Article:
Abdominal aorta aneurysm


  • A 70 years old man
  • No known medical problem
  • A smoker
  • Presented with abdominal mass for one year
  • Dizziness for 3 days
  • Went to GP and noted to have high BP
Abdominal radiograph in AP supine view

Radiographic findings:

  • There is homogenous opacity lateral to lumbar spine on the left side
  • The opacity shows smooth convexity with fairly well defined lateral border (yellow arrows)
  • No obliteration of left psoas outline
  • Minimal displacement of bowel loops peripherally
Ultrasound in transverse planes
Ultrasound in sagittal and axial planes

Ultrasound findings:

  • Dilated abdominal aorta is seen from the level of superior mesenteric artery until the level of aortic bifurcation. The common iliac arteries are not dilated.
  • The diameter of abdominal aorta at the level of coeliac trunk and superior mesenteric artery measures 2.9 cm and 3.4 cm respectively.
  • The infra-renal abdominal aorta is much dilated and torturous; widest diameter of 8.1 cm. Thick luminal thrombus causing approximately 70% luminal stenosis. The true lumen measures 2.3 cm.
  • A sliver of fluid surrounding the posterior aspect of the thrombus is seen which suggest presence of a small intramural hematoma. However no definite flap is identified to indicate presence of dissection.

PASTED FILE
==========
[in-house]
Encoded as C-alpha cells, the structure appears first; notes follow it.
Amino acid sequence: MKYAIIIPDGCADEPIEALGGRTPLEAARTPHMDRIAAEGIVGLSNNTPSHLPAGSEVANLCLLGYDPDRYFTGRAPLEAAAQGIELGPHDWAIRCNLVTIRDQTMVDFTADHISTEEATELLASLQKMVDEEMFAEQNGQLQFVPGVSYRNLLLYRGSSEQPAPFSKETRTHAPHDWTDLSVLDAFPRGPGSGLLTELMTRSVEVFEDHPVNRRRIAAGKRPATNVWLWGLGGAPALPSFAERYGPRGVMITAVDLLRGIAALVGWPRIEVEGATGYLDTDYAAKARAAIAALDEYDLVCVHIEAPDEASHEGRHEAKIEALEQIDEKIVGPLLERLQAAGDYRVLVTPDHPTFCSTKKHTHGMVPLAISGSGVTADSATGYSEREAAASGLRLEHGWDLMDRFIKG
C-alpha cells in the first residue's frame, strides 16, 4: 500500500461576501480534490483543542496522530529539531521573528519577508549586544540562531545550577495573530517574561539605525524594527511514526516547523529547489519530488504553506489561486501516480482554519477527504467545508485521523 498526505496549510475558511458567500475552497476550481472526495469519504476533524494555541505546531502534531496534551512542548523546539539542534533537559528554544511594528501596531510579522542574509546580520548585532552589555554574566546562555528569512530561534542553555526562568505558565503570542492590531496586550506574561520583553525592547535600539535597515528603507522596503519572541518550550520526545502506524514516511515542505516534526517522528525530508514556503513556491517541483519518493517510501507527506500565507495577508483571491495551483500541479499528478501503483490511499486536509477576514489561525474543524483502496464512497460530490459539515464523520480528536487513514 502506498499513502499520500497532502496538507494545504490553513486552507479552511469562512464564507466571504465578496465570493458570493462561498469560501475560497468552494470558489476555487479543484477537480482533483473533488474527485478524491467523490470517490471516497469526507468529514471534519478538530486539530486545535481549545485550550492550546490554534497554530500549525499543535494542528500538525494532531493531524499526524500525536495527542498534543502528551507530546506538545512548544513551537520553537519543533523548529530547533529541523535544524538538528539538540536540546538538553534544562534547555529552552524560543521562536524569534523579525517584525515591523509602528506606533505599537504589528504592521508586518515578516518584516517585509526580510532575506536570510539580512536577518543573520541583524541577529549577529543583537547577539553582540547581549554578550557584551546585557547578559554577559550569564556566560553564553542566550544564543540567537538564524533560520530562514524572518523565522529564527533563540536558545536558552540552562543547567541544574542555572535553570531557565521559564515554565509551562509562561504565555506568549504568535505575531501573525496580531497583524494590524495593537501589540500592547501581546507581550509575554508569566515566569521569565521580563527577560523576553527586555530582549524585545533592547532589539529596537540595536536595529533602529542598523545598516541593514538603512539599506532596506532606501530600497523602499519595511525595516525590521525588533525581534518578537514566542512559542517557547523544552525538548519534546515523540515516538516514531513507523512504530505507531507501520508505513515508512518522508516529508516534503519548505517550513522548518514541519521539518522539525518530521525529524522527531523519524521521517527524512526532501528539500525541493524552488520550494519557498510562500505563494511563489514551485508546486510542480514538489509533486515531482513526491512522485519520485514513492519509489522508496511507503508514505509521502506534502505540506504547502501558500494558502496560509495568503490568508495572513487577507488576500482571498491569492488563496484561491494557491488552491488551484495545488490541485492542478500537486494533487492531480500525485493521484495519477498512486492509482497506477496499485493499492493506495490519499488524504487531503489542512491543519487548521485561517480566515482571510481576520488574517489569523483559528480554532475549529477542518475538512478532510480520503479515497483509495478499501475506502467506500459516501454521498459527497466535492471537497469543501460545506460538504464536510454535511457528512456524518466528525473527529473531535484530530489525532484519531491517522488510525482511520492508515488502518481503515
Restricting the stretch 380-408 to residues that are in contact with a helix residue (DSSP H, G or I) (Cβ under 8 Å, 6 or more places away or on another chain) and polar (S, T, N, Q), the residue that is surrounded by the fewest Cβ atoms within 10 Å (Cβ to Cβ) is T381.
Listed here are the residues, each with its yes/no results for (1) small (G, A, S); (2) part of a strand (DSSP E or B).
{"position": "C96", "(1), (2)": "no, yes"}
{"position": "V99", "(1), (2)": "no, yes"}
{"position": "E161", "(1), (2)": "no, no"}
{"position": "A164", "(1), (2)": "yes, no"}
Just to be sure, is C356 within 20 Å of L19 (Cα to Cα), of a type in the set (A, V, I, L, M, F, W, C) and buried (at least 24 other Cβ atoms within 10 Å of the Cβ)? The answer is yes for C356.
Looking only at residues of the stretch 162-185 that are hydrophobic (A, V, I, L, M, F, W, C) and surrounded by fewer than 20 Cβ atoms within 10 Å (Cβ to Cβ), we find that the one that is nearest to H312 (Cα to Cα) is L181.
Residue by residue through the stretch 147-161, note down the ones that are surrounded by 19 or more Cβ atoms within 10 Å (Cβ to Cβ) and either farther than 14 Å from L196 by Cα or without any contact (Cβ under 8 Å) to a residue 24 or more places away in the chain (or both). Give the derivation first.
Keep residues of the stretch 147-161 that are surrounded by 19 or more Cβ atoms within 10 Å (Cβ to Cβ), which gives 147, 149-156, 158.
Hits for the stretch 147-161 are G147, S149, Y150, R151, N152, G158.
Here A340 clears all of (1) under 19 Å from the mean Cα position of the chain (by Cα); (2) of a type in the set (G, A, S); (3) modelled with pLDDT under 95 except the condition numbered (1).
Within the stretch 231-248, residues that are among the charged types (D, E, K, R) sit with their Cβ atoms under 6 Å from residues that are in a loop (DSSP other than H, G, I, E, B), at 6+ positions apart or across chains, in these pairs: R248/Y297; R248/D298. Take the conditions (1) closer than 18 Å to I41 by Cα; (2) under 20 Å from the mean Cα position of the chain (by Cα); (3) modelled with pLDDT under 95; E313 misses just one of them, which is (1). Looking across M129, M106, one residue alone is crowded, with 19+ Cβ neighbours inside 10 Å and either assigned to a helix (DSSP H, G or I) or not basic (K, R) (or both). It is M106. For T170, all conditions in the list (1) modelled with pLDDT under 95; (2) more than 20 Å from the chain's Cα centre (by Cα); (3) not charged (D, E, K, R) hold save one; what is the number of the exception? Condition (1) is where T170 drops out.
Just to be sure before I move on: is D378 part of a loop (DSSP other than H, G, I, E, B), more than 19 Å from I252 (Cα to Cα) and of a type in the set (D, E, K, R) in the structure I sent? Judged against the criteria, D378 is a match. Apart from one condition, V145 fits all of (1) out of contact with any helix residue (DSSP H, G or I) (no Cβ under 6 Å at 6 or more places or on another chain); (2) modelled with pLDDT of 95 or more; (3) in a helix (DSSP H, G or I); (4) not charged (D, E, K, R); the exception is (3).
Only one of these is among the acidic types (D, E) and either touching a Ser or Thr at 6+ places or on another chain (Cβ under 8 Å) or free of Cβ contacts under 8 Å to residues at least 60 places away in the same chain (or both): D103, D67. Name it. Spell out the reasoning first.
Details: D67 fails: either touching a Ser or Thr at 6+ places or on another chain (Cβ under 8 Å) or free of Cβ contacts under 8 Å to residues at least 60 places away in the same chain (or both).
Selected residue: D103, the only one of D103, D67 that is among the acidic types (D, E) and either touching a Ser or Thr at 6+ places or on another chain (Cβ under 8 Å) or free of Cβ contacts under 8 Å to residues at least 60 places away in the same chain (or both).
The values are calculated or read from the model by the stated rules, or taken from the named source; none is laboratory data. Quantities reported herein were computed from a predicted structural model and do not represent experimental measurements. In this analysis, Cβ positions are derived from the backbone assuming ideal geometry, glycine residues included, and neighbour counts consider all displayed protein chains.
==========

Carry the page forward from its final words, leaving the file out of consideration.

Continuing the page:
• No free fluid in the abdominal cavity or in the retroperitoneal space to suggest aortic leak.

Diagnosis: Abdominal aortic aneurysm with no feature of leaking or dissection.


  • Abdominal aortic aneurysms are focal dilatations of the abdominal aorta measuring 50% greater than the proximal normal segment, or >3 cm in maximum diameter.
  • Fusiform type aneurysm is more common than saccular aneurysm.
  • Males are much more commonly affected than females (4:1 male/female ratio)
  • Ultrasound is optimal for general AAA screening and surveillance, The sensitivity and specificity approach 100%; however, it should be noted that visualization is poor in 1% to 3% of patients due to patient habitus or overlying bowel gas.
  • However, ultrasound does not provide sufficient detail for procedural planning or more complex lesions. Ultrasound cannot be reliably used in evaluation for endovascular treatments and assessment of regional branch vessels.
  • Intervention is usually performed if
    • Diameter >5.5 cm
    • enlargement in transverse diameter ≥5 mm in 6 months
    • Symptomatic lesion
Author: radhianahassan